Based on the testing results, the following conclusions can be drawn for each scenario.
The current throughput of 1,000 tps is “cruise”-mode, meaning that in this mode, resources allocated to the node are more than sufficient and it operates stably. To further increase throughput, platform users can lift a limit of 500 transactions per microblock. This limit was established as recommended for a mixed platform load scenario to avoid the creation of overly large blocks, which in some cases could trigger unstable network interaction and node behavior.
The test confirmed that a throughput of 16 Mbps is a standard regime for platform operation.
In this scenario, blockchain operation imposes extra requirements on computational resources, primarily the disk subsystem. For stable node operation under this scenario, fast HDD or SSD disks are preferable.
To further increase network throughput, horizontal node scaling can be applied. Also, the Waves Enterprise team is constantly working on optimizing resource-consuming operations.
Smart contracts are involved in all business process automation cases on the blockchain. It was therefore vital to evaluate the platform’s throughput while processing smart contracts.
We tested various types of smart contract, with all of them showing changes in throughput, depending on input data.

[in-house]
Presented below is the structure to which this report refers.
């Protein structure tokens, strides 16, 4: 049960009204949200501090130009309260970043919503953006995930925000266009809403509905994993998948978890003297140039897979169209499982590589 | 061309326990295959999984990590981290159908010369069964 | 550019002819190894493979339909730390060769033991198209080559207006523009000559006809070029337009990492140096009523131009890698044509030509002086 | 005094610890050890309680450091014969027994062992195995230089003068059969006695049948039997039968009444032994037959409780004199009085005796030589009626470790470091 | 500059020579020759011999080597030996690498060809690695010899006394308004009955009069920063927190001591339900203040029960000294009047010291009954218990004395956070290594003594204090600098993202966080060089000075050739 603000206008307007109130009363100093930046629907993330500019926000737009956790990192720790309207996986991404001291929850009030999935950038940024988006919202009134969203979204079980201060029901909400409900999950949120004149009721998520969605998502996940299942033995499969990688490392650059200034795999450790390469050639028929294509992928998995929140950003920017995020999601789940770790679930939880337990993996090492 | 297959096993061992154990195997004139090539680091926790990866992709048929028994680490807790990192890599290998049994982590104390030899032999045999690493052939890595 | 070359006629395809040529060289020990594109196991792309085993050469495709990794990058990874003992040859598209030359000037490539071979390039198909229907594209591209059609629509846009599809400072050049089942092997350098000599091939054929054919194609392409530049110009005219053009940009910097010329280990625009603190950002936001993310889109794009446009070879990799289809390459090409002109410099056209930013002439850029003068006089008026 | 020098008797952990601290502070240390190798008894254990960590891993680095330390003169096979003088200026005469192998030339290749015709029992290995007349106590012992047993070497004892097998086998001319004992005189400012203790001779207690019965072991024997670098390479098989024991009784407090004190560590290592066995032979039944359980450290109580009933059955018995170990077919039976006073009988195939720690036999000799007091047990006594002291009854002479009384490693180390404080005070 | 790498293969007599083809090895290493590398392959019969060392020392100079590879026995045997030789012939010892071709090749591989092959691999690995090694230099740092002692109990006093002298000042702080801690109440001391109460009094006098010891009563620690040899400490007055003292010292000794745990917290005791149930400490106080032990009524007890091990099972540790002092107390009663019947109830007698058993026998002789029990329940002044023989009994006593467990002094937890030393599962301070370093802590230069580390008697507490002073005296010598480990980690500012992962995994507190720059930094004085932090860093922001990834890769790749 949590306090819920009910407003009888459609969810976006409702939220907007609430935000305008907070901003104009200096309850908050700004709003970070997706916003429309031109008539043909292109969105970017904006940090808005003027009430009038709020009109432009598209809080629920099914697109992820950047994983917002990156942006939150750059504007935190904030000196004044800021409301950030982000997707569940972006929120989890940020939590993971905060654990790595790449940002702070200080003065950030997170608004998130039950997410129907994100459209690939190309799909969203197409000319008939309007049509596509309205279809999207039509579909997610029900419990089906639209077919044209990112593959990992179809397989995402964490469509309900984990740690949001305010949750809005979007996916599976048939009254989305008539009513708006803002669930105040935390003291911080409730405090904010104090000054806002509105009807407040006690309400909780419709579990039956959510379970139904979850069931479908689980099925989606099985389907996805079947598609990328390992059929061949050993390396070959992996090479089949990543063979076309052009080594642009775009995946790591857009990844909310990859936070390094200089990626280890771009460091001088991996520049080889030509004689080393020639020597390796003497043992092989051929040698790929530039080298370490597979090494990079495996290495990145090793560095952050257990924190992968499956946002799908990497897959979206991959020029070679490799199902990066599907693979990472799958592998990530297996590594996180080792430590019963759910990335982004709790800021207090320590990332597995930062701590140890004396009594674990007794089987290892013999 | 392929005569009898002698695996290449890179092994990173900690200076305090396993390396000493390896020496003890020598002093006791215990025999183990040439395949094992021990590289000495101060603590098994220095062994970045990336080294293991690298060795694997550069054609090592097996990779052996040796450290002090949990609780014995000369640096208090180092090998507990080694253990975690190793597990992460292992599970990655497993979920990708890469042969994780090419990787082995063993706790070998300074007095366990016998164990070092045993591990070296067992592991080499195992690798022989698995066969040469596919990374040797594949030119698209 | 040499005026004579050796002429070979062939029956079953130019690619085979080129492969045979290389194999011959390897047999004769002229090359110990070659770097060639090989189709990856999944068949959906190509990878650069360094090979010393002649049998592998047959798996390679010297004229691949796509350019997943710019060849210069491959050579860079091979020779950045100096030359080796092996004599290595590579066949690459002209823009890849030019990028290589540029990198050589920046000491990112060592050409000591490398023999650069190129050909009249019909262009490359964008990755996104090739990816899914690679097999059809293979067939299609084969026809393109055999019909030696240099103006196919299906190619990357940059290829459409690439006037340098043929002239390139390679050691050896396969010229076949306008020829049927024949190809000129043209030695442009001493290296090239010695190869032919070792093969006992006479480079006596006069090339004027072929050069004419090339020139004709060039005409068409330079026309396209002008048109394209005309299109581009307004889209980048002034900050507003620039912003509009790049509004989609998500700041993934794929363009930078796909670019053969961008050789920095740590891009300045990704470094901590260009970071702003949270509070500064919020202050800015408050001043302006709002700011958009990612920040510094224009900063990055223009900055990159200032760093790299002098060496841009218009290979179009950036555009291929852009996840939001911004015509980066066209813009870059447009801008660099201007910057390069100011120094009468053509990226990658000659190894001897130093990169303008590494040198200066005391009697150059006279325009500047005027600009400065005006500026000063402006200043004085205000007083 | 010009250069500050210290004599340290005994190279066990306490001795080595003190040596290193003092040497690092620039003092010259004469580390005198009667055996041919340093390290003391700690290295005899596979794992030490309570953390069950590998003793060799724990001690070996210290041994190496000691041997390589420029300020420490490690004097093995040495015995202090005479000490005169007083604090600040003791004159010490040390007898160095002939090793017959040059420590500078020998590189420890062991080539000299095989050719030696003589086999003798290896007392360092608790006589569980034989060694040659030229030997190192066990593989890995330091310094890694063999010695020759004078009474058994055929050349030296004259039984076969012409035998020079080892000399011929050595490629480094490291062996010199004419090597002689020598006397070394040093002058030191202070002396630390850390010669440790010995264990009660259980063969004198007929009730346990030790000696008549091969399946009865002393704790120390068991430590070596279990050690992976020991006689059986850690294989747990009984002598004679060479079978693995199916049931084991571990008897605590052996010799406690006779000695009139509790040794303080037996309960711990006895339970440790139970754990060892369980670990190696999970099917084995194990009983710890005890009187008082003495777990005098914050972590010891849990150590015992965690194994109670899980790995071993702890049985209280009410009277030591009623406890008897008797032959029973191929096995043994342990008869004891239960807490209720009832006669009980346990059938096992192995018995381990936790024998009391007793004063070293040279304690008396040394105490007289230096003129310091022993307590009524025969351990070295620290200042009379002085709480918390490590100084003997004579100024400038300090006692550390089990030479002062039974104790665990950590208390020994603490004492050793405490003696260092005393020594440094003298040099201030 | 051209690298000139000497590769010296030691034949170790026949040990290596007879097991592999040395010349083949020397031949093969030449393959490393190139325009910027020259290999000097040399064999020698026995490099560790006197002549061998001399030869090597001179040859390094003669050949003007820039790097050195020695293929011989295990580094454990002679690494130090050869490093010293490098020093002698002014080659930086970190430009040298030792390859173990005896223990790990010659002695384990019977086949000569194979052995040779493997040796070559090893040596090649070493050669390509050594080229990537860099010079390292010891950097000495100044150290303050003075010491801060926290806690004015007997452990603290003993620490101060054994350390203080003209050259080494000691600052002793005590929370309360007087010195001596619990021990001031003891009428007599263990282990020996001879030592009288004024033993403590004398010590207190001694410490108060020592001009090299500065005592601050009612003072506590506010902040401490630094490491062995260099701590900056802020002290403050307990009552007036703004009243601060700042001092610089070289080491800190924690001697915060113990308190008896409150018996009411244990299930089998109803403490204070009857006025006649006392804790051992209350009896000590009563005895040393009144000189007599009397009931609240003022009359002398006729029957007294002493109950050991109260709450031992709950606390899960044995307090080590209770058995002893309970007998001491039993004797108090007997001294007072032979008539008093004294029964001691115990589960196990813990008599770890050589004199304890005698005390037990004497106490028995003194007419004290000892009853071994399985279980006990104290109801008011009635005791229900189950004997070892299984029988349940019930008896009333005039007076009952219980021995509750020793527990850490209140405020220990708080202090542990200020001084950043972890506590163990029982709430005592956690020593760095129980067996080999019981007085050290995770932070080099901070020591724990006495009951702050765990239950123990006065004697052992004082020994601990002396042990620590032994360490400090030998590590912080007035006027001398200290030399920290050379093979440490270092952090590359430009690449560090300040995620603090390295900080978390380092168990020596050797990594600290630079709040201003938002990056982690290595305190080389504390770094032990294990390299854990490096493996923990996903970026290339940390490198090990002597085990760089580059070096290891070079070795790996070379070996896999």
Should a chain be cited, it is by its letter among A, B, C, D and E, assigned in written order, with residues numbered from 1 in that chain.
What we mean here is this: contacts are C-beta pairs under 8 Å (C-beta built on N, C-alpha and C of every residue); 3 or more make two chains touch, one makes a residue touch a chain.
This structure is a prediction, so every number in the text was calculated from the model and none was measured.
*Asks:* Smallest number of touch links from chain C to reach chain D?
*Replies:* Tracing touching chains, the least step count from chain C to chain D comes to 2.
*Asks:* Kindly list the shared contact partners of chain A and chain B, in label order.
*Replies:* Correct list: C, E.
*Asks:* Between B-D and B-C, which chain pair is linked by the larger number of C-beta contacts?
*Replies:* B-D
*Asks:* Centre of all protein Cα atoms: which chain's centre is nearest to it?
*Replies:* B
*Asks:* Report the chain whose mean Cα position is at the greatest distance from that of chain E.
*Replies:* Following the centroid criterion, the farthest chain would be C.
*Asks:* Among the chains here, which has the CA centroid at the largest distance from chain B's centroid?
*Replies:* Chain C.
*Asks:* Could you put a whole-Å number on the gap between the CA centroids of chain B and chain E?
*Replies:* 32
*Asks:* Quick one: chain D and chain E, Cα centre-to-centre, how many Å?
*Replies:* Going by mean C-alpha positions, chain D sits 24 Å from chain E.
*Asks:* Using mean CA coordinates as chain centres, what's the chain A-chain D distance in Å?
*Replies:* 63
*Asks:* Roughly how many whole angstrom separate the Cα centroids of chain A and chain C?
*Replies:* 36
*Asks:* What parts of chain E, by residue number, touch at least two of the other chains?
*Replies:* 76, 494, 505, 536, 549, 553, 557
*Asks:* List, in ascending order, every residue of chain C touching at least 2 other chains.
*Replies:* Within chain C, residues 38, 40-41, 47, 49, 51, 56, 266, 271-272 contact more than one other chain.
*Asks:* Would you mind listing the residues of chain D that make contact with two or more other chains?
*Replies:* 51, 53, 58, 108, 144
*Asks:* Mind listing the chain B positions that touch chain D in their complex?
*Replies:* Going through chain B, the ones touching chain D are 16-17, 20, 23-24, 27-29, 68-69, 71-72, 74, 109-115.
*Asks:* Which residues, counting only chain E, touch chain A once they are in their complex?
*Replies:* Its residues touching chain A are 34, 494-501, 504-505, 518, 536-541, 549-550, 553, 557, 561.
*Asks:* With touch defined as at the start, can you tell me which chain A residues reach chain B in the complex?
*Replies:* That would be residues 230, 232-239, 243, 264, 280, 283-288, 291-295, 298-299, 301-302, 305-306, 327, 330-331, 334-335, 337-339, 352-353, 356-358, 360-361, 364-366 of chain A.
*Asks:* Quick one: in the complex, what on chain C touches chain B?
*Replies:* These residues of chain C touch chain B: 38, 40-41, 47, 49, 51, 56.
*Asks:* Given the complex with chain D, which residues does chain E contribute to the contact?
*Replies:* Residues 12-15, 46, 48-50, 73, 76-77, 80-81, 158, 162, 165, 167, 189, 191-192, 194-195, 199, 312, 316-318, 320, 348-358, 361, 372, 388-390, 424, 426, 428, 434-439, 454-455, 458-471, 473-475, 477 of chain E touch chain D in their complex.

Based on analysis of resource consumption in the test contours, as well as in the public network’s nodes where smart contracts operate under load, we recommend scaling nodes for memory. Additionally, one problematic area is the operation time of a smart contract itself, as the throughput potential facilitates increasing the number of processed transactions by several dozen times over.
During load testing under this scenario, the network throughput’s dependence on smart contract execution time and payload supplied as arguments was detected.
Predictably, the maximum throughput was achieved for “fast” smart contracts with a small payload of 0.1 КB. Based on our experience, for most business process automation cases on the blockchain, smart contract invocation transactions of 2 KB to 4 KB are used.
Given this, and the fact that network throughput dependence on payload size is non-linear, it’s safe to say that for most cases, throughput will be close to maximum.
For more stable smart contract operation under load, attention should be paid to the allocation of sufficient RAM to the machine on which smart contracts are executed.
Plans for further development
From a platform development viewpoint, smart contract development is one of Waves Enterprise’s priorities, and their speed increases with each release. Currently, several solutions are at the R&D or prototyping stage, and will likely lead to a several-fold increase in network throughput for this scenario.
You will be able to learn more on testing methodology and outcomes in a detailed load testing report that we will publish shortly.